Diablo 3 Season 25 introduces new demonic powers

A Diablo 3 character looks up to a towering demon

Blizzard Entertainment has revealed what’s coming in Diablo 3’s next season of content. The developer posted an early set of patch notes detailing the theme, item changes, and bug fixes ahead of the patch’s launch on the PTR on November 4.

The Diablo 3 devs have themed Season 25 around a new socketable item called Soul Shards, which are based on the Lords of Hell. There are seven of them in total, and they’ll give you new demonic powers. Three of them are Prime Evil Soul Shards, though you can only slot one into your helm at a time. The other four are Lesser Evil Soul Shards, and they work similarly – you can only slot one into a weapon at one time. You can upgrade each Soul Shard three times using a new seasonal-exclusive item called the Hellforge Ember.

So, where do you get them? Soul Shards and Hellforge Embers can drop anywhere in Sanctuary, but you’ll have a better chance of fetching the former from bosses. Blizzard also notes that the new items can’t be traded and will only drop in seasonal play.

“With the upcoming 25th anniversary of the Diablo franchise, we wanted players to delve into the darker side of the Nephalem’s past,” Blizzard says. “In Season 25, players can embrace evil by infusing themselves with the essences of the Lords of Hell. Players will embark on their season journey to discover and upgrade demonic Soul Shards based on the seven Lords of Hell.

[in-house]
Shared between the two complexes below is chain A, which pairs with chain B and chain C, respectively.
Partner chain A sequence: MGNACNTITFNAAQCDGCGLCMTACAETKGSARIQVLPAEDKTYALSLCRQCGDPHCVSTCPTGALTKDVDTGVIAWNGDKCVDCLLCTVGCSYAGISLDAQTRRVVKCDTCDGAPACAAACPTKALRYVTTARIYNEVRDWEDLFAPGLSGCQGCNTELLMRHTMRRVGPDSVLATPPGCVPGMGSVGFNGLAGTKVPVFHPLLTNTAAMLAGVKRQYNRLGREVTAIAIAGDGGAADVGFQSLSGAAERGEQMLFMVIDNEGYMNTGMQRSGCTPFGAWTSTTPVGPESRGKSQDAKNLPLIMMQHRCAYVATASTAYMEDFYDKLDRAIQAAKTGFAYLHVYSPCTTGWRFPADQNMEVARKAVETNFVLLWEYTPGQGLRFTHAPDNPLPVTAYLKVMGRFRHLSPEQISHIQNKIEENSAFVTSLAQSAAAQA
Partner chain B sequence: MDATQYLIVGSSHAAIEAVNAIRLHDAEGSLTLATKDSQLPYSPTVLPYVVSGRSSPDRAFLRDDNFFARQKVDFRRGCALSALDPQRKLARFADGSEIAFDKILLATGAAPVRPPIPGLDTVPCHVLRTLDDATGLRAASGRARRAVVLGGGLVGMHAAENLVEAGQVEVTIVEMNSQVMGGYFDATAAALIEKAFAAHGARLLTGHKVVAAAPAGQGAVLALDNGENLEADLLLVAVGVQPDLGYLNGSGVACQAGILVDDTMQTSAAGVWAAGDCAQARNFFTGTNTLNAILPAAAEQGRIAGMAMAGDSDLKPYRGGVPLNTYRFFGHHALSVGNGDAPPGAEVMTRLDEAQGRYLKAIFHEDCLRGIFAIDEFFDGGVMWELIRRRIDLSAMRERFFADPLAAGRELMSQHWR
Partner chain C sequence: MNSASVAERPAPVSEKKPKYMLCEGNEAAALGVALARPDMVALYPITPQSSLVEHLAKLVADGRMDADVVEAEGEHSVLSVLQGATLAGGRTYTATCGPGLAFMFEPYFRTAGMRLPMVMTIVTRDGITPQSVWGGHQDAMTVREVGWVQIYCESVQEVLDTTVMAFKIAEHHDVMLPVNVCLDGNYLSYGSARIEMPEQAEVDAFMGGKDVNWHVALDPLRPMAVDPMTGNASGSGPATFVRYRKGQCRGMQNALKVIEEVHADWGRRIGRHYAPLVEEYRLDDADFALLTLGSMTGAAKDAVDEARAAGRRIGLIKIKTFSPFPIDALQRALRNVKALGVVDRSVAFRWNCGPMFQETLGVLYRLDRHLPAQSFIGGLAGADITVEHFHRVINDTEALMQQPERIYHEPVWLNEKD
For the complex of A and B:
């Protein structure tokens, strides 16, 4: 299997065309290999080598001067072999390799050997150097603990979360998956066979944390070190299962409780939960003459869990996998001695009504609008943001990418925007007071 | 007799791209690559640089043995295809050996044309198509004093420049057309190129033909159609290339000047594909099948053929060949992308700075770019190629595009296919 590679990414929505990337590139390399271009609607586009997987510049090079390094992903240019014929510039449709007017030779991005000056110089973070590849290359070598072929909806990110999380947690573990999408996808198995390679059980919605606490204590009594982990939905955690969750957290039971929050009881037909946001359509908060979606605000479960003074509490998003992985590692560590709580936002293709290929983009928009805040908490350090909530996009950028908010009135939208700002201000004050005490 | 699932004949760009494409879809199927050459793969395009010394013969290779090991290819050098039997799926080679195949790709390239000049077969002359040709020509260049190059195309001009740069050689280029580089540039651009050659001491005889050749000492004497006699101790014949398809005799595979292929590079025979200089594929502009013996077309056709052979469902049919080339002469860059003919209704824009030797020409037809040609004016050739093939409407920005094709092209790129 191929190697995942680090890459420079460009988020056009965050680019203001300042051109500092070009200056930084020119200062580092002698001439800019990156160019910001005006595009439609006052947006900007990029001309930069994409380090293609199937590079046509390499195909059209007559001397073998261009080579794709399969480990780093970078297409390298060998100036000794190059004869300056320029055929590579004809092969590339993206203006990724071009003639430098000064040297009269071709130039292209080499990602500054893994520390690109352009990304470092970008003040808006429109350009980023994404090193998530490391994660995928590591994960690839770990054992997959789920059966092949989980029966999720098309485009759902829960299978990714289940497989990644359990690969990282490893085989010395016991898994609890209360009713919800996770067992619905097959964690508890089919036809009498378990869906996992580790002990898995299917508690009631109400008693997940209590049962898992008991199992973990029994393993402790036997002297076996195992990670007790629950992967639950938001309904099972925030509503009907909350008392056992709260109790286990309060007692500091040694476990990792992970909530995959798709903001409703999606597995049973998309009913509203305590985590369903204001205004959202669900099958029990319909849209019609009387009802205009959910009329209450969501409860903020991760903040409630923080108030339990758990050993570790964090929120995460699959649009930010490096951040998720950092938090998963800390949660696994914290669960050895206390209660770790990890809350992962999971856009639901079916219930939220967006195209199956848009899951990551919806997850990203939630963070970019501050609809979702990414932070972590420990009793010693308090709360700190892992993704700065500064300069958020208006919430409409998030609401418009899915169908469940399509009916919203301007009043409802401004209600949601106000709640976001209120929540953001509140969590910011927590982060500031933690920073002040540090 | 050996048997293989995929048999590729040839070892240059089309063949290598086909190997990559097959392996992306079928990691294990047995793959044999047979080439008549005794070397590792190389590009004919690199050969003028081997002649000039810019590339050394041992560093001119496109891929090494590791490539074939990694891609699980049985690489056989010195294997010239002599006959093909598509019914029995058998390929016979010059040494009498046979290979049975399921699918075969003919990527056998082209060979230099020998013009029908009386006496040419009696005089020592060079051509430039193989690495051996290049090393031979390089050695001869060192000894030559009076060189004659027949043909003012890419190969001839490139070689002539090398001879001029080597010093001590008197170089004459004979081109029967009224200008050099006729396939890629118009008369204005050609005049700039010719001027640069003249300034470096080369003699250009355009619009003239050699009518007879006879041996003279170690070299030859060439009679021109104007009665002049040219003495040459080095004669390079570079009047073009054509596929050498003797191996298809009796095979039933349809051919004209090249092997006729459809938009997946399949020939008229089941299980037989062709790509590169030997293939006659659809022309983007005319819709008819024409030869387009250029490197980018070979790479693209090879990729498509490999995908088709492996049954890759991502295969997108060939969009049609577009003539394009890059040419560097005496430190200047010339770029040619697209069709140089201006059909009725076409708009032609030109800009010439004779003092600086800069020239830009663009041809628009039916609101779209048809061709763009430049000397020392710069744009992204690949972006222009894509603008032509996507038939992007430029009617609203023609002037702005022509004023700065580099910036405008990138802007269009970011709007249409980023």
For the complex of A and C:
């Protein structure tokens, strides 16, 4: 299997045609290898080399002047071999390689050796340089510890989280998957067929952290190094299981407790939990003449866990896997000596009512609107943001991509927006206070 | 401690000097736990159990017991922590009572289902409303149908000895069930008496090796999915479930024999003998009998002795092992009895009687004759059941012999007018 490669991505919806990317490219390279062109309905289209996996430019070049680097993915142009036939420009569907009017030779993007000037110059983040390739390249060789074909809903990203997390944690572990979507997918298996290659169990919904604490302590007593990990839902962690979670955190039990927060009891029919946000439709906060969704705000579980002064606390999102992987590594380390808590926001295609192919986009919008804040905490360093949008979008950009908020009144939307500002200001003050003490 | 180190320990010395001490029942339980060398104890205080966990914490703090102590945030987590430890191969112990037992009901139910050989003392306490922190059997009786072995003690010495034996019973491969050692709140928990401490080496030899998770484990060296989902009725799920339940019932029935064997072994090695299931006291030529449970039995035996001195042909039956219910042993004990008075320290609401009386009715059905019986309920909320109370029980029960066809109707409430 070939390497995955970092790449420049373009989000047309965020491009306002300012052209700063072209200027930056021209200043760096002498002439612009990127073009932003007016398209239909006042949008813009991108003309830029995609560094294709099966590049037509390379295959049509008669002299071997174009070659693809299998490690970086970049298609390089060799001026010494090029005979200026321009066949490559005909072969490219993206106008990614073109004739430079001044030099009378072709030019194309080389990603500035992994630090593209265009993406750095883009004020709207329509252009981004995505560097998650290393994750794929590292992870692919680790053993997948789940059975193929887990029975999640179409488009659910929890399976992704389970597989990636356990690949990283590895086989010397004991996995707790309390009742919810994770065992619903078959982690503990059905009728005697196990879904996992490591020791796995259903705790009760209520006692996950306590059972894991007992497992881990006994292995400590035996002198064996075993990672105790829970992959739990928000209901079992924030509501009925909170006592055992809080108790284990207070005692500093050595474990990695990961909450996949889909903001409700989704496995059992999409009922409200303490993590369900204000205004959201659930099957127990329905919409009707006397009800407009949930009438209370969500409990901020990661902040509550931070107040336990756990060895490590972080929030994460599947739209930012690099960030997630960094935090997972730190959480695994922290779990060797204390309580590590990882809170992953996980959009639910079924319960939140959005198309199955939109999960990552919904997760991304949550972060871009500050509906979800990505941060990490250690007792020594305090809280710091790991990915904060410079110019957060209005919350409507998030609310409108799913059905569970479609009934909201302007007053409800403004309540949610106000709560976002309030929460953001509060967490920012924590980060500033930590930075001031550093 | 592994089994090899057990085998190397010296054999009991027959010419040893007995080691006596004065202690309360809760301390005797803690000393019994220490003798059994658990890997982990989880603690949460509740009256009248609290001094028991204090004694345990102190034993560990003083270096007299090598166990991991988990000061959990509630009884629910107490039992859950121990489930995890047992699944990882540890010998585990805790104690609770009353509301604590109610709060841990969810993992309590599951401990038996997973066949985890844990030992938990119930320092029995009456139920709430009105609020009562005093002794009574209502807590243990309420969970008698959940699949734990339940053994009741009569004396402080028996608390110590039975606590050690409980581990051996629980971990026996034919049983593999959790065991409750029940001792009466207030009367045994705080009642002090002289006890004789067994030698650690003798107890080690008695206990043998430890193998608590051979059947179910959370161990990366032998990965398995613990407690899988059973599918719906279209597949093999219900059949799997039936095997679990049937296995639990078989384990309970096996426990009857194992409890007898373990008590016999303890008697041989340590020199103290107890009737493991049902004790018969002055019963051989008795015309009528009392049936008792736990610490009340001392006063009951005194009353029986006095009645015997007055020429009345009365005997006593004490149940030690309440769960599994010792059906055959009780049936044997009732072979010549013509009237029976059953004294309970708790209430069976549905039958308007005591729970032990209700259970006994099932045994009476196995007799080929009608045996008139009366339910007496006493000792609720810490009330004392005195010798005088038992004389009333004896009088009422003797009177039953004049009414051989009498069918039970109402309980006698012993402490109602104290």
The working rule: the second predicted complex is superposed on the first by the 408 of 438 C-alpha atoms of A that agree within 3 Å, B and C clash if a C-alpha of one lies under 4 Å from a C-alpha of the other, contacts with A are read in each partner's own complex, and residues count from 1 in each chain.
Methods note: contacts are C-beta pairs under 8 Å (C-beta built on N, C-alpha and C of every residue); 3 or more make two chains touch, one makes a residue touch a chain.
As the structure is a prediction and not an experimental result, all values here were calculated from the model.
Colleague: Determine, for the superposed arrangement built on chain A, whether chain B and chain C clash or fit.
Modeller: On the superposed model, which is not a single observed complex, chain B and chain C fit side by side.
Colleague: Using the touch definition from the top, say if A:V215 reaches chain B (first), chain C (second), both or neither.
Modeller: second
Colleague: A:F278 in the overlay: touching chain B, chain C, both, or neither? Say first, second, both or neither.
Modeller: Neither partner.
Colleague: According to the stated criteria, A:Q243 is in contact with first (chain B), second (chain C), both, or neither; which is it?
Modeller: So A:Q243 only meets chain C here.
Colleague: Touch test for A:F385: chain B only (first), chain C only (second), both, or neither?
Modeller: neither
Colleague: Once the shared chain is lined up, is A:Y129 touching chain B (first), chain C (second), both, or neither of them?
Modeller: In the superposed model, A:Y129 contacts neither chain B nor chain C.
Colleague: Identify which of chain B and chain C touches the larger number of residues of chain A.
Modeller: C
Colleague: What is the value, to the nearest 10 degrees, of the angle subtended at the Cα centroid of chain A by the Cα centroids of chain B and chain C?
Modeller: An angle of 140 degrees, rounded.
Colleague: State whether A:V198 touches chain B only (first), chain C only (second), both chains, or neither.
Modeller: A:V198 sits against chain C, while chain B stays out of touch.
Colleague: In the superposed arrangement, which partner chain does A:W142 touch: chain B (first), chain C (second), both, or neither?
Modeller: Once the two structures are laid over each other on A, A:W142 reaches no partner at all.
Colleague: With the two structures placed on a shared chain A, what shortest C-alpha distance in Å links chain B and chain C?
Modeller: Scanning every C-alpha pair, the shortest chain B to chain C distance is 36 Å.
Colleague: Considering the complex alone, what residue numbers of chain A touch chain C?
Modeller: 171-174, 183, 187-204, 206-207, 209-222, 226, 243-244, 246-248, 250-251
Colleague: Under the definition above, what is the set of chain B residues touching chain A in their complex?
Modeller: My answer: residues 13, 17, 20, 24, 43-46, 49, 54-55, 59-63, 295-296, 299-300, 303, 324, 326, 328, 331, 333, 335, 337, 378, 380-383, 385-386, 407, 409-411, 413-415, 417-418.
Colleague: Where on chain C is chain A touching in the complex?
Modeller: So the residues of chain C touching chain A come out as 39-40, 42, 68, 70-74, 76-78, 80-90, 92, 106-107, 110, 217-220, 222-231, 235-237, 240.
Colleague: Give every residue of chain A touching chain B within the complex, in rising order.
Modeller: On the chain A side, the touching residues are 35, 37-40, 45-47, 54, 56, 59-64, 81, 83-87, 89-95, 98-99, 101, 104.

“By embodying a prime and lesser evil, players will inflict new forms of pain and suffering on the demons of Sanctuary. We can’t wait for players to get their hands on Soul Shards to start unlocking their true power.”

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You’ve also got a heap of item tweaks and bug fixes, though it’s worth noting that buffs and nerfs are likely to change throughout the update’s two-week PTR cycle. If you’d like to check out the notes in full, you can find them here.

Activision Blizzard is facing a lawsuit filed in July by the state of California (since expanded for QA and customer service contractors) alleging years of discrimination and harassment. Since then, CEO Bobby Kotick has called the company’s initial response “tone deaf”, employees have staged a walkout, Blizzard president J Allen Brack has left, and the ABK Workers Alliance has demanded change at the company. The lawsuit is ongoing; follow the latest developments here. In September, an agency of the US federal government opened an investigation into Activision Blizzard’s response to sexual misconduct and discrimination complaints from its employees, as part of which Kotick has reportedly been subpoenaed. The company is also facing a separate unfair labour practice suit alleging “worker intimidation and union busting” filed by a workers’ union, also in September. In another, separate development, Activision Blizzard reached an agreement with the United States Equal Employment Opportunity Commission “to settle claims and to further strengthen policies and programs to prevent harassment and discrimination”. In a subsequent letter to employees, the company has announced an end to forced arbitration, a $250 million initiative to improve diversity, and a major pay cut for Kotick.

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